Format

Send to

Choose Destination
See comment in PubMed Commons below
Stem Cell Reports. 2014 Jun 3;2(6):838-52. doi: 10.1016/j.stemcr.2014.05.001. eCollection 2014 Jun 3.

Human intestinal tissue with adult stem cell properties derived from pluripotent stem cells.

Author information

1
Department of Molecular and Cell Biology, University of California, Berkeley, Berkeley, CA 94720-3370, USA.
2
The Whitehead Institute for Biomedical Research, Cambridge, MA 02142, USA.
3
Hubrecht Institute, Royal Netherlands Academy of Arts and Sciences, University Medical Center Utrecht, 3584 Utrecht, the Netherlands.
4
Hubrecht Institute, Royal Netherlands Academy of Arts and Sciences, University Medical Center Utrecht, 3584 Utrecht, the Netherlands ; Skolkovo Institute of Science and Technology (Skoltech), Novaya str. 100, Skolkovo, Moscow Region 143025, Russia.
5
Sangamo BioSciences, Richmond, CA 94804, USA.
6
Department of Molecular and Cell Biology, University of California, Berkeley, Berkeley, CA 94720-3370, USA ; Department of Mathematics and Computer Science, University of California, Berkeley, Berkeley, CA 94720-3840, USA.
7
The Whitehead Institute for Biomedical Research, Cambridge, MA 02142, USA ; Skolkovo Institute of Science and Technology (Skoltech), Novaya str. 100, Skolkovo, Moscow Region 143025, Russia ; Department of Biology, Massachusetts Institute of Technology, Cambridge, MA 02139, USA.

Erratum in

  • Stem Cell Reports. 2014 Jul 8;3(1):215.

Abstract

Genetically engineered human pluripotent stem cells (hPSCs) have been proposed as a source for transplantation therapies and are rapidly becoming valuable tools for human disease modeling. However, many applications are limited due to the lack of robust differentiation paradigms that allow for the isolation of defined functional tissues. Here, using an endogenous LGR5-GFP reporter, we derived adult stem cells from hPSCs that gave rise to functional human intestinal tissue comprising all major cell types of the intestine. Histological and functional analyses revealed that such human organoid cultures could be derived with high purity and with a composition and morphology similar to those of cultures obtained from human biopsies. Importantly, hPSC-derived organoids responded to the canonical signaling pathways that control self-renewal and differentiation in the adult human intestinal stem cell compartment. This adult stem cell system provides a platform for studying human intestinal disease in vitro using genetically engineered hPSCs.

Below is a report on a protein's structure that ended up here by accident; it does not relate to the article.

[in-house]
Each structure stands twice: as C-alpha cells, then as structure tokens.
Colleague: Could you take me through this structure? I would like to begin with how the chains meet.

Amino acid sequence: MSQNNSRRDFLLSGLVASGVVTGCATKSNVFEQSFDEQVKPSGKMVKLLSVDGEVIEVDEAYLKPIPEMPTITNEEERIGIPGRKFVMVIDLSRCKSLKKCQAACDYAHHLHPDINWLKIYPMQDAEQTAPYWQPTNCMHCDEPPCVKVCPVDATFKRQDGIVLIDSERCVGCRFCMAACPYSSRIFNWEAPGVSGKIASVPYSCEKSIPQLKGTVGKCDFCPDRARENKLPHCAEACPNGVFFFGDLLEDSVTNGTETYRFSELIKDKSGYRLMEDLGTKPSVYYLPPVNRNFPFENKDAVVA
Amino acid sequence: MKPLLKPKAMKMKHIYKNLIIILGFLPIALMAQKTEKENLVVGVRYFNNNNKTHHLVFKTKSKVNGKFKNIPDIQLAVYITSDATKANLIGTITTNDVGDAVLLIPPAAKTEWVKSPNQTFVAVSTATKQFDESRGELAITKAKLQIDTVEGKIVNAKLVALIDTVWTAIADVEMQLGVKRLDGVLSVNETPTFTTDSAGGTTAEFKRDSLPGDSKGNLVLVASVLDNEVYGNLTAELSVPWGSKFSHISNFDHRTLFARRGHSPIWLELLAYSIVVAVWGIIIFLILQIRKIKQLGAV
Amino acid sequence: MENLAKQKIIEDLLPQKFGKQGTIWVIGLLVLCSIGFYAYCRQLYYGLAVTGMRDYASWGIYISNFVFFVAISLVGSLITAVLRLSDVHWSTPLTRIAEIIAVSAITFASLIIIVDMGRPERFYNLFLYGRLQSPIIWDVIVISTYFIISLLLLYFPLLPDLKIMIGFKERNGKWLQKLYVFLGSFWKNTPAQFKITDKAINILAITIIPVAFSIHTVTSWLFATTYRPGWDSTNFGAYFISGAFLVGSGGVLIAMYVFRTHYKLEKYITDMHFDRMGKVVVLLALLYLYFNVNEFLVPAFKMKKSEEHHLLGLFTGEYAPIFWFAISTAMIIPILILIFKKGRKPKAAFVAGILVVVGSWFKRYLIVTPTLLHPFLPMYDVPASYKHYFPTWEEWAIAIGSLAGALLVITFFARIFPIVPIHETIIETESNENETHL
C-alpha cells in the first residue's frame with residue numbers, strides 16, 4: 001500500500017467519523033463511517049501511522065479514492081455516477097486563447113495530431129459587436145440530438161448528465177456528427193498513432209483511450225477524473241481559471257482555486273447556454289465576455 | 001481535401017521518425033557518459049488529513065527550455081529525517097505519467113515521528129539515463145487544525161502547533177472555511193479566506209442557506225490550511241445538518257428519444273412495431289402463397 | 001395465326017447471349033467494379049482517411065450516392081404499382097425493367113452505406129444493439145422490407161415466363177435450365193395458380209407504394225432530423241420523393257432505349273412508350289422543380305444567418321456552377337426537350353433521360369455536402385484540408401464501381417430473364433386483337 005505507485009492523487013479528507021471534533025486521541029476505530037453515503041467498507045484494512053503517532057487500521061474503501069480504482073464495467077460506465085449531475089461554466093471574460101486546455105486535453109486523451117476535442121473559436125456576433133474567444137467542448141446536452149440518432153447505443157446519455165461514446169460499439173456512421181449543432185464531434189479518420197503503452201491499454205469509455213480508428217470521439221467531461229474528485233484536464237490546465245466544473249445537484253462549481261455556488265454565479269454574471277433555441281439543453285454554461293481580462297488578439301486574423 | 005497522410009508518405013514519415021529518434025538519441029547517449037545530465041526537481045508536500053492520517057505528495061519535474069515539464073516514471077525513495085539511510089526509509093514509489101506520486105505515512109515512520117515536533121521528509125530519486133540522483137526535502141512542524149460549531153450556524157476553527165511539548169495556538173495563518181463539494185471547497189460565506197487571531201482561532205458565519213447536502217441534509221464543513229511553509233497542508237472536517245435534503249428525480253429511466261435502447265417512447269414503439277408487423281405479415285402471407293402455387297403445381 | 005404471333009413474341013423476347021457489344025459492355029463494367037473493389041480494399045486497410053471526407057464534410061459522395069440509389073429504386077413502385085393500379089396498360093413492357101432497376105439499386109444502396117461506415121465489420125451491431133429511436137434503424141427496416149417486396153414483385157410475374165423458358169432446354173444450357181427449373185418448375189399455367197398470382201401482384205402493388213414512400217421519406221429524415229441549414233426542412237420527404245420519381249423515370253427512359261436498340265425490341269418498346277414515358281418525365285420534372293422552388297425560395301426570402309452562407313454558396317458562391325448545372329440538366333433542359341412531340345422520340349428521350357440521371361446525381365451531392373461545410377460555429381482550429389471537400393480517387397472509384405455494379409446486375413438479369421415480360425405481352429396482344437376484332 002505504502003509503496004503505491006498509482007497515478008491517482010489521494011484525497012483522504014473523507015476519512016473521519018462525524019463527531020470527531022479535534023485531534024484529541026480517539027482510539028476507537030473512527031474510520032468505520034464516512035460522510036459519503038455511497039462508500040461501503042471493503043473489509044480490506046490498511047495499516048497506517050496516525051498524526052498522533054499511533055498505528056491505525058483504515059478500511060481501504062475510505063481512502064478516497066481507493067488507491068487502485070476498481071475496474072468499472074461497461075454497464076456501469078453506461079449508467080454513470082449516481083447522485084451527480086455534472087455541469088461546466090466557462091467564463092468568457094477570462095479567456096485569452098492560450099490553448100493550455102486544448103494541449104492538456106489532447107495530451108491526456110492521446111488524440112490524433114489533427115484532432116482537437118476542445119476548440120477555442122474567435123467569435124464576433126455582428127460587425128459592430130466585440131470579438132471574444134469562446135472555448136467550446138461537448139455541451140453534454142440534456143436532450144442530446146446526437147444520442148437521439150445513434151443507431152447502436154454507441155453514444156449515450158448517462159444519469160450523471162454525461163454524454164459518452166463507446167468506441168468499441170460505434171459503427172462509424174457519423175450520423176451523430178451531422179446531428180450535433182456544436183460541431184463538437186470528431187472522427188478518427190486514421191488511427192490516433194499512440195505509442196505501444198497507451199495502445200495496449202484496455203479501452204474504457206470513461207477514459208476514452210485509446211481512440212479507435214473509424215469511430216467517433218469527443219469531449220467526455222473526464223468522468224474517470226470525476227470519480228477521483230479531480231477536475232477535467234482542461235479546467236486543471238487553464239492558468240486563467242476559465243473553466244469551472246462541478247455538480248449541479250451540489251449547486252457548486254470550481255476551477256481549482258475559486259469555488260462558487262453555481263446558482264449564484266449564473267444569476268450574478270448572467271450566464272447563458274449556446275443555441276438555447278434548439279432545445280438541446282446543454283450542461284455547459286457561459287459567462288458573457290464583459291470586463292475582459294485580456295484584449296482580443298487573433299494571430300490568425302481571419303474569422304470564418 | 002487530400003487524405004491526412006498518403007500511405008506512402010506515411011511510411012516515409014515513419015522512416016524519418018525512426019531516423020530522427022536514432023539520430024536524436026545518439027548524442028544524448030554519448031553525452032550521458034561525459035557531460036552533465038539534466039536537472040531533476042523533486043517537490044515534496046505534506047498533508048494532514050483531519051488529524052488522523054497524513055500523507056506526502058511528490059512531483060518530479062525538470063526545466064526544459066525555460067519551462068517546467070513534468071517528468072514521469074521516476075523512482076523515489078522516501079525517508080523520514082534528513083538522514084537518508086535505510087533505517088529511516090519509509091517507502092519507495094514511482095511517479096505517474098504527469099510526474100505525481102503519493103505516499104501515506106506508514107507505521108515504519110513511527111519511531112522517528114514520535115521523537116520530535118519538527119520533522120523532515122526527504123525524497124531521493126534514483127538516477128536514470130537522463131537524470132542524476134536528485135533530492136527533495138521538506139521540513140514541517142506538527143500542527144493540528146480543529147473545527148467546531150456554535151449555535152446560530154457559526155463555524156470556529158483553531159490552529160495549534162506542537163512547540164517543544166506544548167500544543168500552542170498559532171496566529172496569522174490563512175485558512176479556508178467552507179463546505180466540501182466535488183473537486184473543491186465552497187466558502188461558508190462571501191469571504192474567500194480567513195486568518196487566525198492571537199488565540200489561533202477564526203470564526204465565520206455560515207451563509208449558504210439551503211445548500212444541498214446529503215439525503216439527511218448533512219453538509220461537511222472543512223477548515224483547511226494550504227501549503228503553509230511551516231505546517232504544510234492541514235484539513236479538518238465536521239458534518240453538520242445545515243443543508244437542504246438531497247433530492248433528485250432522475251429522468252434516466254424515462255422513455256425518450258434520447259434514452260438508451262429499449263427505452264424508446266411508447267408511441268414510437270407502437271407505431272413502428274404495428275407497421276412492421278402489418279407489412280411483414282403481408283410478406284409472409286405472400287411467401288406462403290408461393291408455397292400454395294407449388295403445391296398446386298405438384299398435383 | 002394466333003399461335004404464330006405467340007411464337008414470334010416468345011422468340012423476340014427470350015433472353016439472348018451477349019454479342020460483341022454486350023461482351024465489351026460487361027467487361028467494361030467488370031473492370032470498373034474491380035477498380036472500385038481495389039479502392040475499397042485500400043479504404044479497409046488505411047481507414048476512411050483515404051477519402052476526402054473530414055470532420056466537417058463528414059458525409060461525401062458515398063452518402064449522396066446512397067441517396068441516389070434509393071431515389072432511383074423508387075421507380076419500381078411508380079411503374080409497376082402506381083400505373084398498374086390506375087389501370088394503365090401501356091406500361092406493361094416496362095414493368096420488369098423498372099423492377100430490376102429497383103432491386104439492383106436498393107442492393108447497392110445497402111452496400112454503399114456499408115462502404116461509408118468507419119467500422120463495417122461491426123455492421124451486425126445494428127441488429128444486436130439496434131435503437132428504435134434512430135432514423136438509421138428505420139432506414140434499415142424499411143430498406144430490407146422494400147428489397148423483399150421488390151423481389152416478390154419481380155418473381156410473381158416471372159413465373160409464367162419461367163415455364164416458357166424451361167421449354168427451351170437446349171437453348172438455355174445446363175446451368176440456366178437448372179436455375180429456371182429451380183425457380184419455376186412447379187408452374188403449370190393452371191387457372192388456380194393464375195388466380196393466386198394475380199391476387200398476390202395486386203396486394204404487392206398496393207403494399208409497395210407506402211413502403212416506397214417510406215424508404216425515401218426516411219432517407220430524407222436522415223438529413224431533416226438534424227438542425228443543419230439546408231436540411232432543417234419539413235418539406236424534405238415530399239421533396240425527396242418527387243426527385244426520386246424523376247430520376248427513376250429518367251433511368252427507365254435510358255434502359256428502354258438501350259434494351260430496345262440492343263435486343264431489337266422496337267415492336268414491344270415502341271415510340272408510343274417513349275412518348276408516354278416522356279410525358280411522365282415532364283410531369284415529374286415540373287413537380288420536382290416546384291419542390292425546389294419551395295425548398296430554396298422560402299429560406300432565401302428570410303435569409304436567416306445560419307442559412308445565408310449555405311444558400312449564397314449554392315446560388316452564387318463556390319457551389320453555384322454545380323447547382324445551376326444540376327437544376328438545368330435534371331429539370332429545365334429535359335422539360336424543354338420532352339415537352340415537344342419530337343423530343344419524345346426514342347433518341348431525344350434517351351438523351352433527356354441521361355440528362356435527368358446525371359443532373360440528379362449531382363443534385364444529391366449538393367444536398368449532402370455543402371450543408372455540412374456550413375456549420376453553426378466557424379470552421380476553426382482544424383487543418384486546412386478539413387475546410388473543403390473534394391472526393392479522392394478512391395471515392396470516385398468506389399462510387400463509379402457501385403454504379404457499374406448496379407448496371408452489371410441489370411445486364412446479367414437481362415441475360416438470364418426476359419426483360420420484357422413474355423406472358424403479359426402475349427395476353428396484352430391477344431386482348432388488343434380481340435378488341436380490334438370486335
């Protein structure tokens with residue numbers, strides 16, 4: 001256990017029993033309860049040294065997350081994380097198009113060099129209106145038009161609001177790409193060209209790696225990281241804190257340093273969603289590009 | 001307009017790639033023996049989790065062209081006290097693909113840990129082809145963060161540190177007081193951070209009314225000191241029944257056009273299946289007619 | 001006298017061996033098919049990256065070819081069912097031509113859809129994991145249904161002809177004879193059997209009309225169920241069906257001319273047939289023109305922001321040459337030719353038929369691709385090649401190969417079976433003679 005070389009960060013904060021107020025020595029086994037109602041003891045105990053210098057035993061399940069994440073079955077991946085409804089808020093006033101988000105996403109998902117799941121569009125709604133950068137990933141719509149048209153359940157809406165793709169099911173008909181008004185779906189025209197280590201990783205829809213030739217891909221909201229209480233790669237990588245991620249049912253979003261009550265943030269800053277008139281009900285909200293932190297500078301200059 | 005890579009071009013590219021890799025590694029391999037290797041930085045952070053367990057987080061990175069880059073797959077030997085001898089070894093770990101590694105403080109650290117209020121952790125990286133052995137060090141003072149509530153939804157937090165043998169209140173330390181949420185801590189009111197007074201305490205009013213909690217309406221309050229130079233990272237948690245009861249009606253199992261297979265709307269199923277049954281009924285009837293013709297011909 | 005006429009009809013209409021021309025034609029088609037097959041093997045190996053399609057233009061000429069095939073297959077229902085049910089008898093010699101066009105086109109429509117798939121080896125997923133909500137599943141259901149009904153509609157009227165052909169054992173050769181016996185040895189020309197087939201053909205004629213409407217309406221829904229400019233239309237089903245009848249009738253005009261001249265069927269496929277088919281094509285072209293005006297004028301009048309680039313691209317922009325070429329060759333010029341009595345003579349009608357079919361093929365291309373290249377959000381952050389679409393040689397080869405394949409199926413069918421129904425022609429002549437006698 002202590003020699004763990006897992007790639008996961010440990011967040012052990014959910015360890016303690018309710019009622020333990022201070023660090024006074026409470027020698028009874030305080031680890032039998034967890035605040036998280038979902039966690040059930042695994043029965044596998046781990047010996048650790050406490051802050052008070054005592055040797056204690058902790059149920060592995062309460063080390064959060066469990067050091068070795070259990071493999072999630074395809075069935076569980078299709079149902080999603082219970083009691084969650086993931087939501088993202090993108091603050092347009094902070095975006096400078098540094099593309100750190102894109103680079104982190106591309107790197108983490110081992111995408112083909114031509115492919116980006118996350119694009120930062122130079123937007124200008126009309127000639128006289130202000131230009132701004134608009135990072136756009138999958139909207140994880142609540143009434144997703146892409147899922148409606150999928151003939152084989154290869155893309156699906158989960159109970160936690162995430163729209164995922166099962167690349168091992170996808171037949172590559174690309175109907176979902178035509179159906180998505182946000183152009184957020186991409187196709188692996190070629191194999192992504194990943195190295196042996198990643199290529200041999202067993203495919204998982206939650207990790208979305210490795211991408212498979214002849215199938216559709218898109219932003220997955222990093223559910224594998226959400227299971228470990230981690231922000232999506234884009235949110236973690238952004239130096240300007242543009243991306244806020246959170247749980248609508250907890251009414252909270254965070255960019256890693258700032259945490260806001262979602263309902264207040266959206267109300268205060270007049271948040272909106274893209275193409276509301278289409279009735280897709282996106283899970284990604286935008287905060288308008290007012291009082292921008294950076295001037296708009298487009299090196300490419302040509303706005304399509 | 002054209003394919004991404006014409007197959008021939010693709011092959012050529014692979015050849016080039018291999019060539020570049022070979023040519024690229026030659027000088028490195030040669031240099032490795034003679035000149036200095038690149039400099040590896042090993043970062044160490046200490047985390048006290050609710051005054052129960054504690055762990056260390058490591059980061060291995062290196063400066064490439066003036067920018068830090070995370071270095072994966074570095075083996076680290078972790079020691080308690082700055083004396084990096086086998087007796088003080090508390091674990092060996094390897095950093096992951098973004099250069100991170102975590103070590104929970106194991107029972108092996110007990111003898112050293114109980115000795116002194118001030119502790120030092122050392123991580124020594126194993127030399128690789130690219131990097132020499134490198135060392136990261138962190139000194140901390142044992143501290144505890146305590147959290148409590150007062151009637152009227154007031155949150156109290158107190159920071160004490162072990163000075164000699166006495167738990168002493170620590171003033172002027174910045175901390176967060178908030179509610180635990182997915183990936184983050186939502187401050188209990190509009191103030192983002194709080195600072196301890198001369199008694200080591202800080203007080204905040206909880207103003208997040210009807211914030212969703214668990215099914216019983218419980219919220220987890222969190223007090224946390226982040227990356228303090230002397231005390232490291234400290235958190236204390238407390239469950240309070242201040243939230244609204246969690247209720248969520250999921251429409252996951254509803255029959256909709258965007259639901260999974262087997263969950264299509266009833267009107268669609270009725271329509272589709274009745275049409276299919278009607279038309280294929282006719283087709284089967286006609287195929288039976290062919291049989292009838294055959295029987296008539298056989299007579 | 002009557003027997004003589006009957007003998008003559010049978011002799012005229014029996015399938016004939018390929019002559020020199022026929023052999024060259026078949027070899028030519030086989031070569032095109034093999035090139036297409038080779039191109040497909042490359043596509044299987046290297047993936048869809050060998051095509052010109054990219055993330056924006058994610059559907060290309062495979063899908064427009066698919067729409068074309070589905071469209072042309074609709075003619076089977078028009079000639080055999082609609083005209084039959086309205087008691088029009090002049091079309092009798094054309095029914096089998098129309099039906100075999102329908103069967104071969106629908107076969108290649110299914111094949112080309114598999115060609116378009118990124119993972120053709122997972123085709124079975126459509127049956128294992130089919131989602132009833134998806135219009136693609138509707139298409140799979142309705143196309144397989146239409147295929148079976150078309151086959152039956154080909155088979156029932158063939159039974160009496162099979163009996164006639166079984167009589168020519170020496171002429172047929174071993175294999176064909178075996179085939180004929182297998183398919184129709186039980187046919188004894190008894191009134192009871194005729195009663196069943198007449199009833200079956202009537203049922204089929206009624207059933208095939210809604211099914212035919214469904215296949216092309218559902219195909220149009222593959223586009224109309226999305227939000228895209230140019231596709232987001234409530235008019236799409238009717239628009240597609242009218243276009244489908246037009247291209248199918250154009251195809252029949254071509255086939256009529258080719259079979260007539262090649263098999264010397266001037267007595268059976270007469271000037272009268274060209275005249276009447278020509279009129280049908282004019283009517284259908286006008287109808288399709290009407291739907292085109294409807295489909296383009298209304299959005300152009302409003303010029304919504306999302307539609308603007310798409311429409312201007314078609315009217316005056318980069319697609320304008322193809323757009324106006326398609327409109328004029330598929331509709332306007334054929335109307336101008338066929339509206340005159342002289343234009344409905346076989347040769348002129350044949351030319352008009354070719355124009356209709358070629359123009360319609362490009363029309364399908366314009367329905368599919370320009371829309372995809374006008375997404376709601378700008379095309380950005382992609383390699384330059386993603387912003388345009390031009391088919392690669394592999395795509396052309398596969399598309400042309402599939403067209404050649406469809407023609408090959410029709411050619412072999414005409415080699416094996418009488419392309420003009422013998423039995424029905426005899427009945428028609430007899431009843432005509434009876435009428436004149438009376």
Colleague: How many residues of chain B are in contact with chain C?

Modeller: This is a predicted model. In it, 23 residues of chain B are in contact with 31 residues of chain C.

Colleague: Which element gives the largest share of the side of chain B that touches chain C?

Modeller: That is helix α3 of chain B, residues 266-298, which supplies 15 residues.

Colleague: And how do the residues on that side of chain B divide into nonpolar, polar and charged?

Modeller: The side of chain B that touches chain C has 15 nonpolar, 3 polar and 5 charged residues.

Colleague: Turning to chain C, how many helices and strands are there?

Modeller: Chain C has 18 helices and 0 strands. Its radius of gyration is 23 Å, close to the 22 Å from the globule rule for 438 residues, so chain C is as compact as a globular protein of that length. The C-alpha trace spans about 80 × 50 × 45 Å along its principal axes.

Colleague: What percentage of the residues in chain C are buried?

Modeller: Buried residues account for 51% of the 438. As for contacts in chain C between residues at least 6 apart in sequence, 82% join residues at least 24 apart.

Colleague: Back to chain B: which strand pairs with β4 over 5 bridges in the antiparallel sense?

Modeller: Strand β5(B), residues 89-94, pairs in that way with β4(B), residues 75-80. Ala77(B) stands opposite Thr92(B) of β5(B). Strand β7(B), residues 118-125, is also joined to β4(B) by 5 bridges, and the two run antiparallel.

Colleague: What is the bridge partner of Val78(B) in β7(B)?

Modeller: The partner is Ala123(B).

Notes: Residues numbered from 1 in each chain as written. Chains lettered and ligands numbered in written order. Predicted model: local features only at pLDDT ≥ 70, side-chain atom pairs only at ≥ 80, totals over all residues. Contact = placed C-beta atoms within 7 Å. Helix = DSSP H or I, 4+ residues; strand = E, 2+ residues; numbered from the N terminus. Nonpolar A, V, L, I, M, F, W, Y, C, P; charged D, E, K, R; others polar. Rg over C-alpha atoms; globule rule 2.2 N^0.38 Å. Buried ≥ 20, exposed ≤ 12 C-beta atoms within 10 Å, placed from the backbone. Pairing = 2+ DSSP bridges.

PMID:
24936470
PMCID:
PMC4050346
DOI:
10.1016/j.stemcr.2014.05.001
[Indexed for MEDLINE]
Free PMC Article
PubMed Commons home

PubMed Commons

0 comments
How to join PubMed Commons

    Supplemental Content

    Full text links

    Icon for Elsevier Science Icon for PubMed Central
    Loading ...
    Support Center